Of course, MAP pride isn't just limited to feel-good posts. MAP pride artwork is also common, thanks to a surprisingly extensive network of artists, designers, and other content creators in the MAP community. MAP bloggers also create long-form pride-related content, often sharing their stories to help others feel less alone. Other MAPs choose to accept the risk and engage in offline activism, spreading posters, stickers, and other media with information about and resources for MAPs.

Controversy and misinformation

Misinformation about many aspects of the MAP movement, including MAP pride, is rampant. Our more general article about MAPs and the MAP movement already addressed two common claims - that MAPs are "trying to gain acceptance in the LGBTQ community" or "normalize pedophilia" through pride and other forms of activism. As a refresher, there is no evidence of a coordinated push for MAPs to be included in the LGBTQ community, and "normalizing pedophilia" is a red herring phrase intended to mask the fact that destigmatizing minor attractions would likely prevent abuse.

However, a few claims warrant additional scrutiny when discussing MAP pride. In particular, some critics have alleged that MAP pride is "a front for abusing children" or that MAPs are "proud of wanting to rape kids." The latter is blatantly ridiculous, as there is a massive difference between finding someone attractive and wanting to rape them. That's not to mention the fact that most MAPs don't experience pride in their attractions specifically, with many arguing that it makes little sense to be proud of unchosen traits (though not all MAPs share this view). In the words of one MAP activist:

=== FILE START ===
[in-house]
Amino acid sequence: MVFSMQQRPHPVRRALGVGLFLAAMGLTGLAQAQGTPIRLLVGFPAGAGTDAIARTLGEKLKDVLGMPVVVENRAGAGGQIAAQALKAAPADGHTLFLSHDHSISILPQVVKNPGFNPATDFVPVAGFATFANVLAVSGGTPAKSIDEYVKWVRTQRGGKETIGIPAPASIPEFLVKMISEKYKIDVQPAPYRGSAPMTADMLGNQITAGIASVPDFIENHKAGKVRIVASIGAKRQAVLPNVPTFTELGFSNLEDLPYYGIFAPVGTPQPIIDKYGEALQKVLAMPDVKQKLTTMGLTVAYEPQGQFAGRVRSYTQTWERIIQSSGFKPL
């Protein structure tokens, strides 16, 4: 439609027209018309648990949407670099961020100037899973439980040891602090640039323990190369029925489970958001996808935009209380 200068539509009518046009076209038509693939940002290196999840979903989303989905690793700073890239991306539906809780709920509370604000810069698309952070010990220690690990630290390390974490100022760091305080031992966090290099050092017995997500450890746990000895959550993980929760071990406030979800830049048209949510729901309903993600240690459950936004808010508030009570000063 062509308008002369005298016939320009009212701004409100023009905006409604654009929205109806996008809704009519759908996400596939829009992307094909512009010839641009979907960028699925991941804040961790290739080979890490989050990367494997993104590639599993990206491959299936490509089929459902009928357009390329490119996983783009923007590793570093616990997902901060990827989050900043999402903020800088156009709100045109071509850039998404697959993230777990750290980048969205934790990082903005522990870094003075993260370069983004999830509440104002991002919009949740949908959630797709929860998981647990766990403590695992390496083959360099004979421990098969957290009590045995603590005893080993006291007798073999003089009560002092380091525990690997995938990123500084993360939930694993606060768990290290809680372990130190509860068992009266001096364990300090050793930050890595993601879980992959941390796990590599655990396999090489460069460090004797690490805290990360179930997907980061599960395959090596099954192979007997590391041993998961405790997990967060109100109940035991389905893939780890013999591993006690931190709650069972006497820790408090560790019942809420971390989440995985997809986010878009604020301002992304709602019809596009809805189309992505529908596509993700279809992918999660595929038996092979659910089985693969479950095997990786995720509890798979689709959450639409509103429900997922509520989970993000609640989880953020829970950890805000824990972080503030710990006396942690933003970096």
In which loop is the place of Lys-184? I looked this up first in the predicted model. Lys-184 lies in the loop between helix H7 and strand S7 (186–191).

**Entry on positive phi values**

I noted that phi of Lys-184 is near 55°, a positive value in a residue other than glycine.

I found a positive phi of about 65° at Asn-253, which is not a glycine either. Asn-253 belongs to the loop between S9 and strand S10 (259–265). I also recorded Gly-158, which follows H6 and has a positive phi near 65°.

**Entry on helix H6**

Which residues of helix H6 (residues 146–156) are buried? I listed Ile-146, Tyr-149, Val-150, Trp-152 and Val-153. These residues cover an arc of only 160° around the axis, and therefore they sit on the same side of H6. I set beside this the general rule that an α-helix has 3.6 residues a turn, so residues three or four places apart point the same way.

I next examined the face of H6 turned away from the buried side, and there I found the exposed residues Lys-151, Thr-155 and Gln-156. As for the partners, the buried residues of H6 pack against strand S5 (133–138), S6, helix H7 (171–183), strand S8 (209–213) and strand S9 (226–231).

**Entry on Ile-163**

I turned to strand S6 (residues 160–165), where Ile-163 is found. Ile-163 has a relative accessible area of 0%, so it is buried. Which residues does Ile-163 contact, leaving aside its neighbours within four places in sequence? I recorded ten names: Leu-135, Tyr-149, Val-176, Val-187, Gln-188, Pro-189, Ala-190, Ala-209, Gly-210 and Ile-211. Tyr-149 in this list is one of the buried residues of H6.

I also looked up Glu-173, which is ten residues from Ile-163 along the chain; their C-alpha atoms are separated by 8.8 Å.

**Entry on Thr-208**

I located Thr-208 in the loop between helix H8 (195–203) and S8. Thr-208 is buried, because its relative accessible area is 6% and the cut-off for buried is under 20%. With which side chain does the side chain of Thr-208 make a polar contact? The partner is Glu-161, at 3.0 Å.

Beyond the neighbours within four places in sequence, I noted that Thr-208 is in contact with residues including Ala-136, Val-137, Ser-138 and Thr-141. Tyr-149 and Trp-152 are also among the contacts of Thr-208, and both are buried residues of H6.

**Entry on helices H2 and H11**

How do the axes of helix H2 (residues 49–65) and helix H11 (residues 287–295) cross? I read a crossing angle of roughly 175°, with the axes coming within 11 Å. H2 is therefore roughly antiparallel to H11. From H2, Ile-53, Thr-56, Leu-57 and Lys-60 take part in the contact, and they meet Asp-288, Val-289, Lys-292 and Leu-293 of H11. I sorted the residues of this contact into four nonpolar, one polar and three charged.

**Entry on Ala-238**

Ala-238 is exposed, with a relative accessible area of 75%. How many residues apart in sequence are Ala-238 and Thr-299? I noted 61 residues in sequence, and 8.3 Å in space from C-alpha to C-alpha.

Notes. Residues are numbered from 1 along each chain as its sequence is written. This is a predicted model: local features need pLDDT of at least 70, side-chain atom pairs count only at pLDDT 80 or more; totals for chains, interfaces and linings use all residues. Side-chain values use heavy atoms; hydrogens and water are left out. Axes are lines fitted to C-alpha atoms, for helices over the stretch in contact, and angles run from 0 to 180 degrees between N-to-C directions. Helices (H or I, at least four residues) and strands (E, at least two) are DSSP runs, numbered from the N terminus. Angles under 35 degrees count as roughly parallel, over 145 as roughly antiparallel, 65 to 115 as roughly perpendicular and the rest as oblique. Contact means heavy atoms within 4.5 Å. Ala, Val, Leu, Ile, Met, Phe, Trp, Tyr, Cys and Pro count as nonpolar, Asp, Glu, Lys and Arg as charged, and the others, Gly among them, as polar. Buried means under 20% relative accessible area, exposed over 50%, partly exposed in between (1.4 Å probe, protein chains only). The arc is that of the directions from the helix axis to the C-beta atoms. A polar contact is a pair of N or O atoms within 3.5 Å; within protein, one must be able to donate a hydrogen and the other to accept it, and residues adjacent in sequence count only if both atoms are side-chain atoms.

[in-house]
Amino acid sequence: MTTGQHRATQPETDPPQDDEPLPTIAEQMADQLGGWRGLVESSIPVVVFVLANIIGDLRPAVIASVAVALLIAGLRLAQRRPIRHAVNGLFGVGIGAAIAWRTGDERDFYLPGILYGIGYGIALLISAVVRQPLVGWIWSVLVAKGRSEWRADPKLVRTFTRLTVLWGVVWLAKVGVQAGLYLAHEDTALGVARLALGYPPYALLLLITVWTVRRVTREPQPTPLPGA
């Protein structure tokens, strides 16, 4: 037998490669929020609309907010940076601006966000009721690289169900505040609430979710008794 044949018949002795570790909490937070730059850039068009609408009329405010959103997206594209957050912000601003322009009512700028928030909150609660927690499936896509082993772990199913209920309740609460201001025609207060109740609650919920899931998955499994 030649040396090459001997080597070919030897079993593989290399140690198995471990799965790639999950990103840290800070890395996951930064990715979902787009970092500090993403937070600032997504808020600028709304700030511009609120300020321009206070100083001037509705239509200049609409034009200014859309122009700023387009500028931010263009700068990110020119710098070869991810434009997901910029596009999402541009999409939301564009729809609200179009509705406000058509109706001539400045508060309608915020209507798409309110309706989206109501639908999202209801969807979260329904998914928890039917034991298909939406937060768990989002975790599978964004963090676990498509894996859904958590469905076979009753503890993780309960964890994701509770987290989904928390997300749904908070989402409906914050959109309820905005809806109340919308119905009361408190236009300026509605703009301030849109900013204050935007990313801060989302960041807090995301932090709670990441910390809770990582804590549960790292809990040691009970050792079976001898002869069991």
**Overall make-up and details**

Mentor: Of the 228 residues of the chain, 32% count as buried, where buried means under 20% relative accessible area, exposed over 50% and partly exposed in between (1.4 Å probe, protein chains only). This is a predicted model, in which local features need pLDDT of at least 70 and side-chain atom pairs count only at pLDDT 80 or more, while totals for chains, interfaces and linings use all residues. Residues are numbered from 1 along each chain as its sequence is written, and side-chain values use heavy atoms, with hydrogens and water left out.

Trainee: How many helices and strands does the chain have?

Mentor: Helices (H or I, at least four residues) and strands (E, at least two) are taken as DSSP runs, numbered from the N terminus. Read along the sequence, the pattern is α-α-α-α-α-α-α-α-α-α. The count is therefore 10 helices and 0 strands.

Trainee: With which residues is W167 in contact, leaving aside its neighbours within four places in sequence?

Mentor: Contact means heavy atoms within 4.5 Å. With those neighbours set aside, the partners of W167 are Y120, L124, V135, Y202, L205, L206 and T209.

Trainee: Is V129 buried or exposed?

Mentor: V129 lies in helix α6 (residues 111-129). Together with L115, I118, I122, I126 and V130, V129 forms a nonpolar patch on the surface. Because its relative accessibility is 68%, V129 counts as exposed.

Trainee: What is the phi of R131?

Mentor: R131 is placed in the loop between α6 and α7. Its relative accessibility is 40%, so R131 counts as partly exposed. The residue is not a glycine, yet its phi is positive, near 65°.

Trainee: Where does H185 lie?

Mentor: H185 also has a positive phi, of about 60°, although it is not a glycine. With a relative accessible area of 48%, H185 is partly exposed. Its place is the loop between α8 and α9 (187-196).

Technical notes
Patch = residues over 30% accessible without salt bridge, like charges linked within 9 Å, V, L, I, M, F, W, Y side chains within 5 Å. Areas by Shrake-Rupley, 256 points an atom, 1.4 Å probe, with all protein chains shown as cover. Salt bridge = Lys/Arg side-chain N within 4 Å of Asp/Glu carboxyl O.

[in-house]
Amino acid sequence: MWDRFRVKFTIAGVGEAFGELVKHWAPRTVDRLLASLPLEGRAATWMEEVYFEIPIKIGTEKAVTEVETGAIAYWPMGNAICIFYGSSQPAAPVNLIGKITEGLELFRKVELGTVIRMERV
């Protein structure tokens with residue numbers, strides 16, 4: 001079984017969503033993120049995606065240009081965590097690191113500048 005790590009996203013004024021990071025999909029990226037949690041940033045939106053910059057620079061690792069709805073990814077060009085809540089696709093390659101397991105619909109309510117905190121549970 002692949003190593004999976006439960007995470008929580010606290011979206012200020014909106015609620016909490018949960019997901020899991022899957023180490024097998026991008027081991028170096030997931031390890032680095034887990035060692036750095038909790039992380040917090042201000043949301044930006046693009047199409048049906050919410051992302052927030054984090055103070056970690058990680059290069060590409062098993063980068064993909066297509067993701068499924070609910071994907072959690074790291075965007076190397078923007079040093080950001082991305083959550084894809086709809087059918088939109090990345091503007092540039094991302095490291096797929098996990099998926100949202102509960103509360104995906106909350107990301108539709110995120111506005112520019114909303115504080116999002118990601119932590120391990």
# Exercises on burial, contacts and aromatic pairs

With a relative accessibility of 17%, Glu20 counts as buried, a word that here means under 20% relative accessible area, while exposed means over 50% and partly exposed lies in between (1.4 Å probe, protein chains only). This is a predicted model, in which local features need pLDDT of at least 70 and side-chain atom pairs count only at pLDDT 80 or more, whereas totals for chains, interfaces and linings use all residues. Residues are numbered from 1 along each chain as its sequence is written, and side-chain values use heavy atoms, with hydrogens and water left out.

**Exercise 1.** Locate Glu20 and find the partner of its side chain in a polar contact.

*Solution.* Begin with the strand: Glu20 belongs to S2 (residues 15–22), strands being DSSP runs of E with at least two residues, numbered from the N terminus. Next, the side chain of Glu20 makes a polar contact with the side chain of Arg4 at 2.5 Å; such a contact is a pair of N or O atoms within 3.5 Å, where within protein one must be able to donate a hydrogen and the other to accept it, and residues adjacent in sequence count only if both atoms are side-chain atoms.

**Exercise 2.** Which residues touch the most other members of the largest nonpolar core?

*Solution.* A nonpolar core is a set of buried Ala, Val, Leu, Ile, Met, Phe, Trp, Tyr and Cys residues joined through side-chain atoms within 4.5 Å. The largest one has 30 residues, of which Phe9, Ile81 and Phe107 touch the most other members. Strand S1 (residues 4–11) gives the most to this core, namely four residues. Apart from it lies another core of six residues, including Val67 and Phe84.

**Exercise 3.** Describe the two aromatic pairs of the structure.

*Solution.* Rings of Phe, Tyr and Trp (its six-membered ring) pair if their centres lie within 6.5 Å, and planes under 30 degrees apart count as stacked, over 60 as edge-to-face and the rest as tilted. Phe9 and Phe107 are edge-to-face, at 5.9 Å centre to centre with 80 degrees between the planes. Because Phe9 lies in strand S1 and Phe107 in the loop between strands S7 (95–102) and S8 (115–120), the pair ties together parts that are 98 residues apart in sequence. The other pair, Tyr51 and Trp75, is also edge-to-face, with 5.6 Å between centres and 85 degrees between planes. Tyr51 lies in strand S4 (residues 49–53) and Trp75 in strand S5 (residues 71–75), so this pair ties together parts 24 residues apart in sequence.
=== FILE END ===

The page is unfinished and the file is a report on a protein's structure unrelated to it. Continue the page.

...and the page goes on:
MAP Pride isn't about being LGBTQ or being proud of our attractions.
It's about surviving in a world that thinks it would be better off without us.
It's about celebrating our stories when society doesn't want to hear them.
It's about believing that, against all odds, tomorrow will be a brighter day.

Benefits of MAP pride

The claim that MAP pride is a cover for abuse is similarly straightforward to refute, given that MAP pride likely plays a role in abuse prevention. Experts have long recognized that MAP-centered stigma may increase rates of abuse and recommend that support for MAPs encourage self-acceptance to counteract this. Since the MAP pride movement also seeks to promote self-acceptance among MAPs, the effect is likely similar.

Some of the beneficial effects of MAP pride are even more direct. As we discussed earlier, one of the appealing elements of pride movements is their ability to strengthen group unity and boost awareness. MAP pride likely has a similar effect on MAP activism, which child protection experts have stated can play a role in preventing abuse.

Despite these benefits, the controversy over MAP pride shows no signs of letting up, with misleading claims continuing to pop up long after they've been debunked. Regardless, the MAP community has continued its (potentially pride-driven) efforts to make mental health support more widely available and affect societal change to reduce the stigma that harms MAPs, children, and sexual violence prevention experts alike.